He tried to squeeze out some childhood memory that should tell him whether London had always been quite like this. Were there always these vistas of rotting nineteenth-century houses, their sides shored up with baulks of timber, their windows patched with cardboard and their roofs with corrugated iron, their crazy garden walls sagging in all directions? And the bombed sites where the plaster dust swirled in the air and the willow-herb straggled over the heaps of rubble; and the places where the bombs had cleared a larger patch and there had sprung up sordid colonies of wooden dwellings like chicken-houses.[44]

In a review of the book in 1950 Symons notes that the gritty, uncomfortable world of Oceania was directly relatable to by Orwell's readers: the food, milkless tea and harsh alcohol were the staples of wartime rationing, which in many cases had continued after the war.[45] Critic Irving Howe argues that, since then, other events and countries[46]—North Korea, for example[47]—have demonstrated how close Oceania can be.[46] Oceania is, he suggests, "both unreal and inescapable, a creation based on what we know, but not quite recognisable".[48] Lynskey suggests that Oceania's anthem, Oceania, Tis For Thee, is a direct reference to the United States (from "America (My Country, 'Tis of Thee)"), as also, he posits, the use of the dollar sign as the Oceanian currency denominator.[7]

Influences[edit]

The totalitarian states of Nineteen Eighty-Four, although imaginary, were based partly on the real-life regimes of Hitler's Germany and Stalin's Russia. Both regimes used techniques and tactics that Orwell later utilised in his novel: the re-writing of history, the cult of leadership personality, purges and show trials, for example. The author Czesław Miłosz commented that, in his depictions of Oceanian society, "even those who know Orwell only by hearsay are amazed that a writer who has never lived in Russia should have so keen a perception of Russian life".[19] From a purely literary standpoint, suggests Julian Symons, the superstates of 1984 represent points along a path that also took Orwell from Burma to Catalonia, Spain, and Wigan in England. In each location, argues Symonds, characters are similarly confined a "tightly controlled, taboo-ridden" society, and are as suffocated by them as Winston is in Airstrip One.[19] In The Road to Wigan Pier, for example, Orwell examines working-class life in detail; the scene in 1984, where Winson observes a Prole woman hanging out her washing echoes the earlier book, where Orwell watches a woman, in the back area of a slum dwelling, attempting to clear a drain pipe with a stick.[47]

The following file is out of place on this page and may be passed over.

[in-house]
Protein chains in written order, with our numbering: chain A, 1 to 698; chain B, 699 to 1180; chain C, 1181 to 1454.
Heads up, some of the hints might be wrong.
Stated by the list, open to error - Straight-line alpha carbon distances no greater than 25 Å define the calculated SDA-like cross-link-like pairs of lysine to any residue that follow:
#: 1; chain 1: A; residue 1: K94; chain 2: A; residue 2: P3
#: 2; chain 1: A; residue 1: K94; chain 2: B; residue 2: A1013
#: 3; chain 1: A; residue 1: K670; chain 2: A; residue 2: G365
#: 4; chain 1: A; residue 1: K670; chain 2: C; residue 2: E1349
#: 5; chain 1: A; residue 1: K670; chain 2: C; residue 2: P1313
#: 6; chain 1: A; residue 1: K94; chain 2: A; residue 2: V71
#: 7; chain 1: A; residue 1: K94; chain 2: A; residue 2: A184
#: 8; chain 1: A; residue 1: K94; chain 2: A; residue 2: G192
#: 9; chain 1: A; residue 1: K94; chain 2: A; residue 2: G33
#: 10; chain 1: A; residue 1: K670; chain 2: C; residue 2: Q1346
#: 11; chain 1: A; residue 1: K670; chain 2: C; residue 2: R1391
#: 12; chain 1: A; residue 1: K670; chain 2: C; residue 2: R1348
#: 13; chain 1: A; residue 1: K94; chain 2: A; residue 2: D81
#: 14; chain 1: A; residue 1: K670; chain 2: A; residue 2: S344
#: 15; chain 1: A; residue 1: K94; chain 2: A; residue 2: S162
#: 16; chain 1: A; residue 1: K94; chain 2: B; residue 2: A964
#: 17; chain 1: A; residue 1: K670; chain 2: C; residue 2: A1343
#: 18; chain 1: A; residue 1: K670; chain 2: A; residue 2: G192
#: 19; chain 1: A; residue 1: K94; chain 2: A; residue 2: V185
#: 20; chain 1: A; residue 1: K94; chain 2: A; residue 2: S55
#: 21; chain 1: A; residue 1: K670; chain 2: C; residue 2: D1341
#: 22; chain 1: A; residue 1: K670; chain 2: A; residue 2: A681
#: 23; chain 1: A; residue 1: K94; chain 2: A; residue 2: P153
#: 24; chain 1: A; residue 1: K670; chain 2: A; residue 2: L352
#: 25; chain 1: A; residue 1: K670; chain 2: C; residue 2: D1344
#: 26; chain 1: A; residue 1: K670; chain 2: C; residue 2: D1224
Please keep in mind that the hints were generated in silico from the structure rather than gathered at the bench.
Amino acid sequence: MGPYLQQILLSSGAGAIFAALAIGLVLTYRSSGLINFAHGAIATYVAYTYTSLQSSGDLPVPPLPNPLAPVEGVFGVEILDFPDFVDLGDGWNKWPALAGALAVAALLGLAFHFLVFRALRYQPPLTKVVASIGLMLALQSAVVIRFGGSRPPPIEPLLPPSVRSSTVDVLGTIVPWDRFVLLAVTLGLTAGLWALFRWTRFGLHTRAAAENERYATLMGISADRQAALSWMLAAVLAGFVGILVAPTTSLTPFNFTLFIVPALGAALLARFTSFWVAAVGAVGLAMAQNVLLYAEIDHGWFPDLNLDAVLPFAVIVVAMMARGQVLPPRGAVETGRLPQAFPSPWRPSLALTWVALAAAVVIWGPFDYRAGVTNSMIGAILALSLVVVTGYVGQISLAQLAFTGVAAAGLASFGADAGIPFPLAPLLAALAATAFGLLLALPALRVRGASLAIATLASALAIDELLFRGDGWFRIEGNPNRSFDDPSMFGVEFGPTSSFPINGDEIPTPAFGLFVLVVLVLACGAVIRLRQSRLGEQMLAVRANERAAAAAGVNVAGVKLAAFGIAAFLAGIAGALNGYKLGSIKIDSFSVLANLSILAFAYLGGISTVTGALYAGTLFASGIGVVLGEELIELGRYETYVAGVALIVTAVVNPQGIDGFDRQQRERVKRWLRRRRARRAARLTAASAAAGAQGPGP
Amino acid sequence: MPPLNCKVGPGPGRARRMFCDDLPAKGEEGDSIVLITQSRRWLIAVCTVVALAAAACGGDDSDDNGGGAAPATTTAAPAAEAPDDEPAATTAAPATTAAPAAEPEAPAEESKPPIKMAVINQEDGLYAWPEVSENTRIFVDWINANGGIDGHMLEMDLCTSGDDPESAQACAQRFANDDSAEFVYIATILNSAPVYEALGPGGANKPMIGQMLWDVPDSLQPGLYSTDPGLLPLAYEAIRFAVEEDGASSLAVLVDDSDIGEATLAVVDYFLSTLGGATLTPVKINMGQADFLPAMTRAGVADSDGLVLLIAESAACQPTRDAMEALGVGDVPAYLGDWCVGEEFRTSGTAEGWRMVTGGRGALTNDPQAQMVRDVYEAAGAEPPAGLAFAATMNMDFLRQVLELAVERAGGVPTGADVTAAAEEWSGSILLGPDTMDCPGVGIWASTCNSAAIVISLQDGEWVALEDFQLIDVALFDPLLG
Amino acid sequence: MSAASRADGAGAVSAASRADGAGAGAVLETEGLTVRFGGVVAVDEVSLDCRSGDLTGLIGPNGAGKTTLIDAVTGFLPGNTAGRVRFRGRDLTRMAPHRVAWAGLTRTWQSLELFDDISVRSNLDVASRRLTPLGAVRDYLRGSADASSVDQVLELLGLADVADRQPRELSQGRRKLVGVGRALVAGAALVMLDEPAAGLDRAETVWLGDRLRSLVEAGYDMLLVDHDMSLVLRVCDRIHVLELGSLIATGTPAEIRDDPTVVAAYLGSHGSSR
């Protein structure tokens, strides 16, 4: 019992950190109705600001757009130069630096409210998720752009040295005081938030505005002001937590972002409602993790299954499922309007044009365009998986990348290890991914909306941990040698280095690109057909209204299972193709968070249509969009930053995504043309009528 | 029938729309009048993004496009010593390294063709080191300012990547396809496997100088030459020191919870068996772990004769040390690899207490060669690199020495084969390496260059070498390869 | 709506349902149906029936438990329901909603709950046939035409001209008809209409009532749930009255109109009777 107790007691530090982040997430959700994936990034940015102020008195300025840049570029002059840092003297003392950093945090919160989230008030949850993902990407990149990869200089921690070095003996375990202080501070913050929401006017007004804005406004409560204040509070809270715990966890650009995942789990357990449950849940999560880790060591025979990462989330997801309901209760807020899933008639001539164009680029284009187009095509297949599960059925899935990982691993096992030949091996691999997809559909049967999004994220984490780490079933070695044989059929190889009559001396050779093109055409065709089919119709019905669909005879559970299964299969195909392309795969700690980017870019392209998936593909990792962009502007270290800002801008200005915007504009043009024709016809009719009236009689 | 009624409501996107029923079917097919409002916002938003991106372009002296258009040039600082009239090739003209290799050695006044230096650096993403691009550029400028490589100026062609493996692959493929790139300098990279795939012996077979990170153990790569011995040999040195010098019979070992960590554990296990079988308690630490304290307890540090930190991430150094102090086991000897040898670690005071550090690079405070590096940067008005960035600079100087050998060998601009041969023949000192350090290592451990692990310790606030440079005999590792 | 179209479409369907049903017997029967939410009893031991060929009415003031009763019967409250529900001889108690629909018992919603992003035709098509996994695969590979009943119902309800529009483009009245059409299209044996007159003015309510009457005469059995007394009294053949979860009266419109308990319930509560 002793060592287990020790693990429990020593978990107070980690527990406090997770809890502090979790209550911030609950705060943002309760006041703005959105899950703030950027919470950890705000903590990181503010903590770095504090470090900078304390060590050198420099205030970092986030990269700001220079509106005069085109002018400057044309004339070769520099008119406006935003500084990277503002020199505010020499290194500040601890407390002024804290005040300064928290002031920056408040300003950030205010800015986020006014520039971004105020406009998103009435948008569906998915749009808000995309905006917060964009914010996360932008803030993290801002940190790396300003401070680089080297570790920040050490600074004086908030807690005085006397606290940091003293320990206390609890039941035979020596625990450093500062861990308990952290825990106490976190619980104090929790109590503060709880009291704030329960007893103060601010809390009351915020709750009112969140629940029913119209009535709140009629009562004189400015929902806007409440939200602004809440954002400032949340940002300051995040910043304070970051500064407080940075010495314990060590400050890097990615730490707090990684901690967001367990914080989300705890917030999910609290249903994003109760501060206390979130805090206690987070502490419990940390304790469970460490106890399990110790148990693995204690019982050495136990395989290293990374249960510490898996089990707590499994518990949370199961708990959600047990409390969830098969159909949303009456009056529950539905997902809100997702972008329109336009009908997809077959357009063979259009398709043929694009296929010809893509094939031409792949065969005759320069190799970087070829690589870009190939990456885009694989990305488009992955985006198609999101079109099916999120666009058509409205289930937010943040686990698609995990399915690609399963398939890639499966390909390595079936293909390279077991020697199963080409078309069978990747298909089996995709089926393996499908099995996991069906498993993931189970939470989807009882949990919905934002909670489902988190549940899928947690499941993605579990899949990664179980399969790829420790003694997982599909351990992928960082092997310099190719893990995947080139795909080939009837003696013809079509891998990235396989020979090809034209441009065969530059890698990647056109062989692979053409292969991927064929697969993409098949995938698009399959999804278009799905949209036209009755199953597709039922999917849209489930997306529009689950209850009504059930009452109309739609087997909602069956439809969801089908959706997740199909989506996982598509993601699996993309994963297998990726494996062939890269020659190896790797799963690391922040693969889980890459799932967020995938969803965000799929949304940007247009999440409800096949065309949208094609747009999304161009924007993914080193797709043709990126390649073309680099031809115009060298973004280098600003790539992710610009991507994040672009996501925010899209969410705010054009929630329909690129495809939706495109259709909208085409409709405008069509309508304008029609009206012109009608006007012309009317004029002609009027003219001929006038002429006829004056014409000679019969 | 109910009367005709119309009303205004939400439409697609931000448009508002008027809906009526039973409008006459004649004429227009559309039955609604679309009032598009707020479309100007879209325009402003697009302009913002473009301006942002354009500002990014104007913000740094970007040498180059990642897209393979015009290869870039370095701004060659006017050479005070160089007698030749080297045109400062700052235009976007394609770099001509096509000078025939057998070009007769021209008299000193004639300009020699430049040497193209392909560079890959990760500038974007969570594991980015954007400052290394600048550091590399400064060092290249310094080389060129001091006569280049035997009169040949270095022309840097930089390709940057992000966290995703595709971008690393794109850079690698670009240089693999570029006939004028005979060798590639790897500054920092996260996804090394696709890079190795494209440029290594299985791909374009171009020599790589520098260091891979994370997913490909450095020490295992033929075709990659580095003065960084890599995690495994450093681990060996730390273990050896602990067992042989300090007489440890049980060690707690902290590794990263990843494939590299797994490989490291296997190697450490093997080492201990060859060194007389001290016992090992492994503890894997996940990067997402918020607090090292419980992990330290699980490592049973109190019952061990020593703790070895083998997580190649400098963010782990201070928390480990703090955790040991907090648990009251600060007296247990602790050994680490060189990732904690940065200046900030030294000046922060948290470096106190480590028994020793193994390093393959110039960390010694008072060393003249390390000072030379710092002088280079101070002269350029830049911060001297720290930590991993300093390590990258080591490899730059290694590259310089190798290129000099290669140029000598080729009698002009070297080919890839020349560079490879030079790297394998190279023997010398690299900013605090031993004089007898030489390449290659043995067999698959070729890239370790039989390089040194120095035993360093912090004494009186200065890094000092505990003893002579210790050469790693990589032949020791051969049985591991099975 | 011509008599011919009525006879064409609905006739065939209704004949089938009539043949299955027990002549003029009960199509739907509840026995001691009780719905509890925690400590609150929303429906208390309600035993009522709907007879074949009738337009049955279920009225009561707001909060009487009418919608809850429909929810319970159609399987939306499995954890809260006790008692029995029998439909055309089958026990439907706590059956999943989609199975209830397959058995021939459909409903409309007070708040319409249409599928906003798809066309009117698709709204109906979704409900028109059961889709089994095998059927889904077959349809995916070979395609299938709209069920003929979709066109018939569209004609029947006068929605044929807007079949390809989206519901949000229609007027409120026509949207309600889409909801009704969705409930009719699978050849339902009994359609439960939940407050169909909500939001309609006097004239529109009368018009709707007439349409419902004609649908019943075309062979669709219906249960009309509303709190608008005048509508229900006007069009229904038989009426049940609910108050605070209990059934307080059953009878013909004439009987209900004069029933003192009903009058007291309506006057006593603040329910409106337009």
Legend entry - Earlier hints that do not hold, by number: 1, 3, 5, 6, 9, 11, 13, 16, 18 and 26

Orwell's own wartime role in the Ministry of Information saw him, says Rai, "experience at first hand the official manipulation of the flow of information, ironically, in the service of 'democracy' against 'totalitarianism'". He noted privately at the time that he could see totalitarian possibilities for the BBC that he would later provide for Oceana.[19] Similarly, argues Lynskey, during the war Orwell had had to make pro-Soviet broadcasts, lauding Britain's ally. After the war—but with a cold one looming—this became an image that needed swiftly to be discarded, and is, comments Lynskey, the historical origin of Oceania's bouleversement in its alliance during Hate Week.[7]

Comparisons[edit]

The superstates of Nineteen Eighty-Four have been compared by literary scholars to other dystopian societies such as those created by Aldous Huxley in Brave New World, Yevgeny Zamyatin's We, Franz Kafka's The Trial [49] B. F. Skinner's Walden II,[50] and Anthony Burgess' A Clockwork Orange[51] although Orwell's bleak 1940s-style London differs fundamentally from Huxleys's world of extensive technical progression or Zamyatin's science and logic-based society.[34] Dorain Lynskey, in his The Ministry of Truth, also suggests that "equality and scientific progress, so crucial to We, have no place in Orwell's static, hierarchical dictatorship; organised deceit, so fundamental to Nineteen Eighty-Four, did not preoccupy Zamyatin".[7]

Sources[edit]